I’ve only just begun this minimalist journey, but have already encountered a number of roadblocks. It’s a bit discouraging, but I’m doing my best to get past these and forge ahead, since I’m sure my situation is not that unique. Judging by my last couple of posts, it’s obvious that I have been focusing largely on my wardrobe as a starting place to eliminate excess belongings. This just made sense, since clothes have been a major issue for me for as long as I can recall. Unfortunately, as cathartic as it has been to get rid of ill-fitting, unflattering, worn-out clothes, I am also coming to the realization that I have very few items that fit me well.

I started doing CrossFit late last summer. CrossFit is an exercise program focused on strength and conditioning, and their prescription for fitness is  “constantly varied, high intensity, functional movement”. On their Getting Started page, they state: “We are a ‘minimalist program’ and this is reflected by the functionality and limited number of our exercises and the simplicity of the equipment we use compared to most commercial gyms.” How ironic that I would have chosen this particular program over all others, just months before having a minimalist epiphany.

Since I started CrossFit, I have noticed some changes in how my clothes fit. What were once tiny chicken legs can now barely squeeze into my skinny jeans, since my thighs have grown in size from so many squats. I have yet other pairs that used to be snug, but are now sagging due to sitting much lower on my shrinking waist. Sweaters and other long-sleeved shirts are becoming increasingly tight around my upper arms. While I welcome these changes, for someone who is trying to avoid purchasing new things, they are making this minimalist lifestyle a bit difficult. I have one pair of jeans that fit relatively well, though only when fresh out of the dryer. I live in jeans on the weekends (don’t we all?), so this is a sad state of affairs. I fear that I may have to give in and purchase a new pair.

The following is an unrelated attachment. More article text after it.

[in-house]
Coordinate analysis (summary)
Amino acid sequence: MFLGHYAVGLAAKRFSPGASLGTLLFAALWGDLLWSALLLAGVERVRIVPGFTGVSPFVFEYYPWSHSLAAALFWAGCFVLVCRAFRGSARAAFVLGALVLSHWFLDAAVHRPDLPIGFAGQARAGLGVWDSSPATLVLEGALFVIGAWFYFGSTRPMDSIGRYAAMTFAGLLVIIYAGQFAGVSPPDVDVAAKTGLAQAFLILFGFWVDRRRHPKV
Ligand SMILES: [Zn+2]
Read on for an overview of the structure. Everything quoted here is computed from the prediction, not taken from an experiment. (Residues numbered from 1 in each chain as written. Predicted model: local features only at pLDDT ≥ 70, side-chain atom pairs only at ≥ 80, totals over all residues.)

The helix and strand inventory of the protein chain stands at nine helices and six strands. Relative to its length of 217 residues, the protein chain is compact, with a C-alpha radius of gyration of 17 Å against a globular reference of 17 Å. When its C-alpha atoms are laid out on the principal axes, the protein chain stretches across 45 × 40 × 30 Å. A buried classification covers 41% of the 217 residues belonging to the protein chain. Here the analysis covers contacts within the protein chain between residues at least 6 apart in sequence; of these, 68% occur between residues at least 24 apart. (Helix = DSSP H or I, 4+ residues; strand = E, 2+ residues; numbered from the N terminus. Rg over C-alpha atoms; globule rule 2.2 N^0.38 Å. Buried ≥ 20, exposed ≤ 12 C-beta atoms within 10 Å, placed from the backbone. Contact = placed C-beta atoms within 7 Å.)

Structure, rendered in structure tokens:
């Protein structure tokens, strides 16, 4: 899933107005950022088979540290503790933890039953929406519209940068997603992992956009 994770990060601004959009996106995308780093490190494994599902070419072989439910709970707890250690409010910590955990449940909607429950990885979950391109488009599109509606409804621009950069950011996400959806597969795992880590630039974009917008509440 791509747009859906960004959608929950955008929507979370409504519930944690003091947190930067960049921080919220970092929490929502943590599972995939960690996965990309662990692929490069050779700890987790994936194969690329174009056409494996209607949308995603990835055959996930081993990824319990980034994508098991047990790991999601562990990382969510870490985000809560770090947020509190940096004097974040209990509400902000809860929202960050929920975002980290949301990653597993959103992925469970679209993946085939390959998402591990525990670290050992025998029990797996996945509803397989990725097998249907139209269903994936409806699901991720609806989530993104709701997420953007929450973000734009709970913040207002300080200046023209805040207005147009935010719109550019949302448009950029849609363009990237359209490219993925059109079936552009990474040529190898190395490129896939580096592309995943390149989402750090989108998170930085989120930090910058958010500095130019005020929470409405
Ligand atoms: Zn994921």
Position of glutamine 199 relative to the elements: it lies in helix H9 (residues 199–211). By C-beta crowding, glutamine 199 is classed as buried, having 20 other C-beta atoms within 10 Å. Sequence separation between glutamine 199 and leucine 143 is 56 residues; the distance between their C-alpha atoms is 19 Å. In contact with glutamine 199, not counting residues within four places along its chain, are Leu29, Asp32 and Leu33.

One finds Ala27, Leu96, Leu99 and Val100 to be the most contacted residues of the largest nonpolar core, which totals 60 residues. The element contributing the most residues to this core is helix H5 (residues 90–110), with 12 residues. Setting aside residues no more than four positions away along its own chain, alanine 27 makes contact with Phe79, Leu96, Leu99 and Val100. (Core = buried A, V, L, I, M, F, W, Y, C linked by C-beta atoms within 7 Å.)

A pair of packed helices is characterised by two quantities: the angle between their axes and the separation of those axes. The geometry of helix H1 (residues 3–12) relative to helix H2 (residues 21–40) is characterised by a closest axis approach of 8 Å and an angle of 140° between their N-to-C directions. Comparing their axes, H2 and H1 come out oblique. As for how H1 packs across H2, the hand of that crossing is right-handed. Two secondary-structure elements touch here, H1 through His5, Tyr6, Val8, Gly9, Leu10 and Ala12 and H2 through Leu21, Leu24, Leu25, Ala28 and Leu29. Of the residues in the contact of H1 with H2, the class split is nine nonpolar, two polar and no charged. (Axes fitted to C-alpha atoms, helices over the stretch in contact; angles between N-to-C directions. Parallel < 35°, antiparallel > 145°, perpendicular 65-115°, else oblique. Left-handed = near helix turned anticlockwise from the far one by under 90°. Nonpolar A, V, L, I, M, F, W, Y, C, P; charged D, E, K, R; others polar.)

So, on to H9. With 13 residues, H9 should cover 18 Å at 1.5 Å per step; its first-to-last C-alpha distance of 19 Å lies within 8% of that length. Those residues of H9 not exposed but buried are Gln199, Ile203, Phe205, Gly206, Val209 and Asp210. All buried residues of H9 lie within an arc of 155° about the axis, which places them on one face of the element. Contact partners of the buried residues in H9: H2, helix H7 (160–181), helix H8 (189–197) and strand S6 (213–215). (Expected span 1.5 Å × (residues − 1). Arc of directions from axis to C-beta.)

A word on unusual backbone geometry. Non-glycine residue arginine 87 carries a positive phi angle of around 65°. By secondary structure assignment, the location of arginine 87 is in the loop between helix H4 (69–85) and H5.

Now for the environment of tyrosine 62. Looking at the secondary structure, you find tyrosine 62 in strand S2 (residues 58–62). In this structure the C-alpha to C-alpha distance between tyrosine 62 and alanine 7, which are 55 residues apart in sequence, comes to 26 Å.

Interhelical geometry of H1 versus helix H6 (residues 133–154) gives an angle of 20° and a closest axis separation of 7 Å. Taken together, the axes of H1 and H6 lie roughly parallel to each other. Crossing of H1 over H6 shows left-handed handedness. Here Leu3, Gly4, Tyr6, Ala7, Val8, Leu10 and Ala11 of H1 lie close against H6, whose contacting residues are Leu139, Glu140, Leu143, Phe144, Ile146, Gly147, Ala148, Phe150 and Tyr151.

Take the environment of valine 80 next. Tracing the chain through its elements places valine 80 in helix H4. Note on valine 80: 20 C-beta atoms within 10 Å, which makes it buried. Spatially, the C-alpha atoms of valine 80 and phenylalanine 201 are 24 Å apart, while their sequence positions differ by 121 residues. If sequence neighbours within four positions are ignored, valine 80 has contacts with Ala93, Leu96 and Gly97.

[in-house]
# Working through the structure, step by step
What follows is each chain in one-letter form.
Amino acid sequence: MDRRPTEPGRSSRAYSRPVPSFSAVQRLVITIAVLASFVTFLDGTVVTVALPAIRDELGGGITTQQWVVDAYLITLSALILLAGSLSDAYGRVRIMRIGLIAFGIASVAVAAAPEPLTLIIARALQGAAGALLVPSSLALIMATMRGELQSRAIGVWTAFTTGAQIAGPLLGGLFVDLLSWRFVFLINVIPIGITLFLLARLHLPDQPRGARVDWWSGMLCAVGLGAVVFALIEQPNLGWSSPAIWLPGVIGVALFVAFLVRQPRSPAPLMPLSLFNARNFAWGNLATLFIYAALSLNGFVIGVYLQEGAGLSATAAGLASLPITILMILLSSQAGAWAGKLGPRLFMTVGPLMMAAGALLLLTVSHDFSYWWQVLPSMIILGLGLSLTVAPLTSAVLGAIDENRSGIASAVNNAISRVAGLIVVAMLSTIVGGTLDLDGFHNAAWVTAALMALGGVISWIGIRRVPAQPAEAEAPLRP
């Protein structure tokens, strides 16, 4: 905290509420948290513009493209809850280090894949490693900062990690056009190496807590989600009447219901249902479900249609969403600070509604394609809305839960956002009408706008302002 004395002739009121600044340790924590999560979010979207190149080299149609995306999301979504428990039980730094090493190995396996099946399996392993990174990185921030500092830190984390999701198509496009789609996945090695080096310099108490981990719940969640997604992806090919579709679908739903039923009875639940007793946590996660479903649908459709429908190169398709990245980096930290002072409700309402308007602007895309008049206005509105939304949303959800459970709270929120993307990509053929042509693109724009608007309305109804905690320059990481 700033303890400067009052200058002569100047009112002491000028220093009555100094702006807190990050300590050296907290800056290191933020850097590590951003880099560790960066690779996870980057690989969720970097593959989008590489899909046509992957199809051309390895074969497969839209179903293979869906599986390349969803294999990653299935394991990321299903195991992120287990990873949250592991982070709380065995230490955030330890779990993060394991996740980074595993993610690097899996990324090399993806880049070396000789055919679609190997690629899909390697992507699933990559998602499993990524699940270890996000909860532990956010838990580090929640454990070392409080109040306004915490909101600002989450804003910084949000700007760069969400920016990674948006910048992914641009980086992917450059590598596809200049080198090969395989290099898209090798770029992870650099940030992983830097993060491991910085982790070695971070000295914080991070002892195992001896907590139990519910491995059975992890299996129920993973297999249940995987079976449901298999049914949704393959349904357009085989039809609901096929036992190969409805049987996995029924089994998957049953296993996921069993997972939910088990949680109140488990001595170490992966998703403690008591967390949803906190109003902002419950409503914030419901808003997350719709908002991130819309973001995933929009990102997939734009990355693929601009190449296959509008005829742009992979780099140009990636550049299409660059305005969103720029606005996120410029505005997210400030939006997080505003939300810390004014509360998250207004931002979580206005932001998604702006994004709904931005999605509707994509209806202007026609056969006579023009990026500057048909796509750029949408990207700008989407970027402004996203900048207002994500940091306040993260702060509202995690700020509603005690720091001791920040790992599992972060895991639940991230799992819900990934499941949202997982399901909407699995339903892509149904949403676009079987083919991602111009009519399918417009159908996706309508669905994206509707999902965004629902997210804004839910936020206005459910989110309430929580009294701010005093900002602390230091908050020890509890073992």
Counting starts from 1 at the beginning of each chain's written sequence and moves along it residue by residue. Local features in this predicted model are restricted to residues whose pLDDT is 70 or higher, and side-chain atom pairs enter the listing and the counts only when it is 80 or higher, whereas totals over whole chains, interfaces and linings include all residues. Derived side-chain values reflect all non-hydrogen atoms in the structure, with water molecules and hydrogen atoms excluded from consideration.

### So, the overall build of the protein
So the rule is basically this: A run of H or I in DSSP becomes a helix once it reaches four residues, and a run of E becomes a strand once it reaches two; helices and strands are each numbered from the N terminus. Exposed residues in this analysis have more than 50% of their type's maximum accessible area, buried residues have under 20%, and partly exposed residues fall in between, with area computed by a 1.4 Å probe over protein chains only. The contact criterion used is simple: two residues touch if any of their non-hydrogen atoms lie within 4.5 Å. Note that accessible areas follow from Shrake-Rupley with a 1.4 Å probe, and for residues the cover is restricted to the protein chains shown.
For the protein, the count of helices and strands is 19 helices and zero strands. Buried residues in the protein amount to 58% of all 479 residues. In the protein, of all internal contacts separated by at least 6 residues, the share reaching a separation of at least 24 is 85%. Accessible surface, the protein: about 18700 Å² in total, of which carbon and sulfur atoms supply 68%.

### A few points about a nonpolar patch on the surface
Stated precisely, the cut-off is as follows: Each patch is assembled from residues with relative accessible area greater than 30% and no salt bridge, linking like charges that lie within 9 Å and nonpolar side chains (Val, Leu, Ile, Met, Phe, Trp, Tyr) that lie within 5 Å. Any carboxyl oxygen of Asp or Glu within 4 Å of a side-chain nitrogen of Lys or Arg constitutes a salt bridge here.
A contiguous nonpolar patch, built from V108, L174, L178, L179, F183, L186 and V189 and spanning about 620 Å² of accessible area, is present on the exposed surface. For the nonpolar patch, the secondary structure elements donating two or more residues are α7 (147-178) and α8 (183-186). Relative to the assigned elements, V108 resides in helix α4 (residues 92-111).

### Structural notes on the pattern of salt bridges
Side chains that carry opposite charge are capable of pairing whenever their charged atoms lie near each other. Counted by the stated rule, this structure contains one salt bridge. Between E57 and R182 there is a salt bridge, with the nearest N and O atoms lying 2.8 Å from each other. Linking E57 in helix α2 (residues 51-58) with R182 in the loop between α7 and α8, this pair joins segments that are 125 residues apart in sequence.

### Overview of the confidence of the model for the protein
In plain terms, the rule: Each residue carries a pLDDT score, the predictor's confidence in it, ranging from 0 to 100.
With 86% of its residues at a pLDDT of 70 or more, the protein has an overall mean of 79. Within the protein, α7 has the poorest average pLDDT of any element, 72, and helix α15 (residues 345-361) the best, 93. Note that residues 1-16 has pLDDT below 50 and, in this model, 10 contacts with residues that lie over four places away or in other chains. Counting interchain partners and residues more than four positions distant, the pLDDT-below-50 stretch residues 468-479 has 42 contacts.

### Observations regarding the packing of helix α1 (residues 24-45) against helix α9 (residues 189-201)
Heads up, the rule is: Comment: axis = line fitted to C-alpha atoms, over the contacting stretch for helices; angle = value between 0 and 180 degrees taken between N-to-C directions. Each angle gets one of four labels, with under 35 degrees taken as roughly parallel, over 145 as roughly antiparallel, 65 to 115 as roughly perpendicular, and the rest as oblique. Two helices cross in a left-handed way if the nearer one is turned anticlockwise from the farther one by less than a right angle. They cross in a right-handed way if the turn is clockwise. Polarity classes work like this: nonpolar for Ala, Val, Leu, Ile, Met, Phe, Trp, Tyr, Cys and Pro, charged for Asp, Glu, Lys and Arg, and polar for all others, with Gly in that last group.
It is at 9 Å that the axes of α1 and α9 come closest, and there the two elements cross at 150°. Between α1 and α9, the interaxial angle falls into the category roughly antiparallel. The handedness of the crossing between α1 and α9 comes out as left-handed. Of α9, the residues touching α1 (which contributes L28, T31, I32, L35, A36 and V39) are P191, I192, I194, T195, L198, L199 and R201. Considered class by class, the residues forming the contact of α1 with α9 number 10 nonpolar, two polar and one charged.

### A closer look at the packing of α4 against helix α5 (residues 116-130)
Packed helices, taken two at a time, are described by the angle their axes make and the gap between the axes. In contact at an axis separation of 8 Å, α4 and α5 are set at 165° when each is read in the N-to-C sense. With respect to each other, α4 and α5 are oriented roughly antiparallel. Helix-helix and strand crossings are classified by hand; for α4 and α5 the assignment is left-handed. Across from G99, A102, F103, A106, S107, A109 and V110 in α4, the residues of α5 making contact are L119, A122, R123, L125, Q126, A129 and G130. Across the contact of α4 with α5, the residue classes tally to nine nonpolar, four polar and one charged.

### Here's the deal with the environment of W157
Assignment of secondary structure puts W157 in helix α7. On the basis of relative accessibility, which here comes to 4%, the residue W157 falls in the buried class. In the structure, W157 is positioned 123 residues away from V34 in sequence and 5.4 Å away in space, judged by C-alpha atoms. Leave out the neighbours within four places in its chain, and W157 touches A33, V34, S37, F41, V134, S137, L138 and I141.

Moving into a new apartment necessitated picking up a couple of items. Our dilapidated TV stand, which we were only able to use for the past two years thanks to some reinforcement from my handyman father-in-law, did not survive the journey and so a more robust one was purchased from IKEA. Our couch (also from IKEA) was torn to shreds by our mischievous furball, Seamus, so I purchased a new set of covers for it. The new TV stand is solid wood, and I know we will use it for many years to come. The new couch cover, while certainly not cheap, was a far better deal than replacing the couch altogether, and since one of our main wishes was to have an apartment large enough to have company, I wanted the living room to be somewhat presentable.

Sleepy Pixie

Pixie approves of the new cover.

Naughty boy

Seamus isn’t sold on his new “scratch lounge”…

I feel that these purchases fall under the umbrella of “minsumerism”…don’t mindlessly consume; buy only what you need. “Need” is certainly a subjective term, and I think each individual needs to determine for themselves what is necessary, and what is excessive. This paring-down of possessions is an ongoing process for me, and I think that as time goes on, I will be able to part with more items and learn to live more simply in many other areas of life.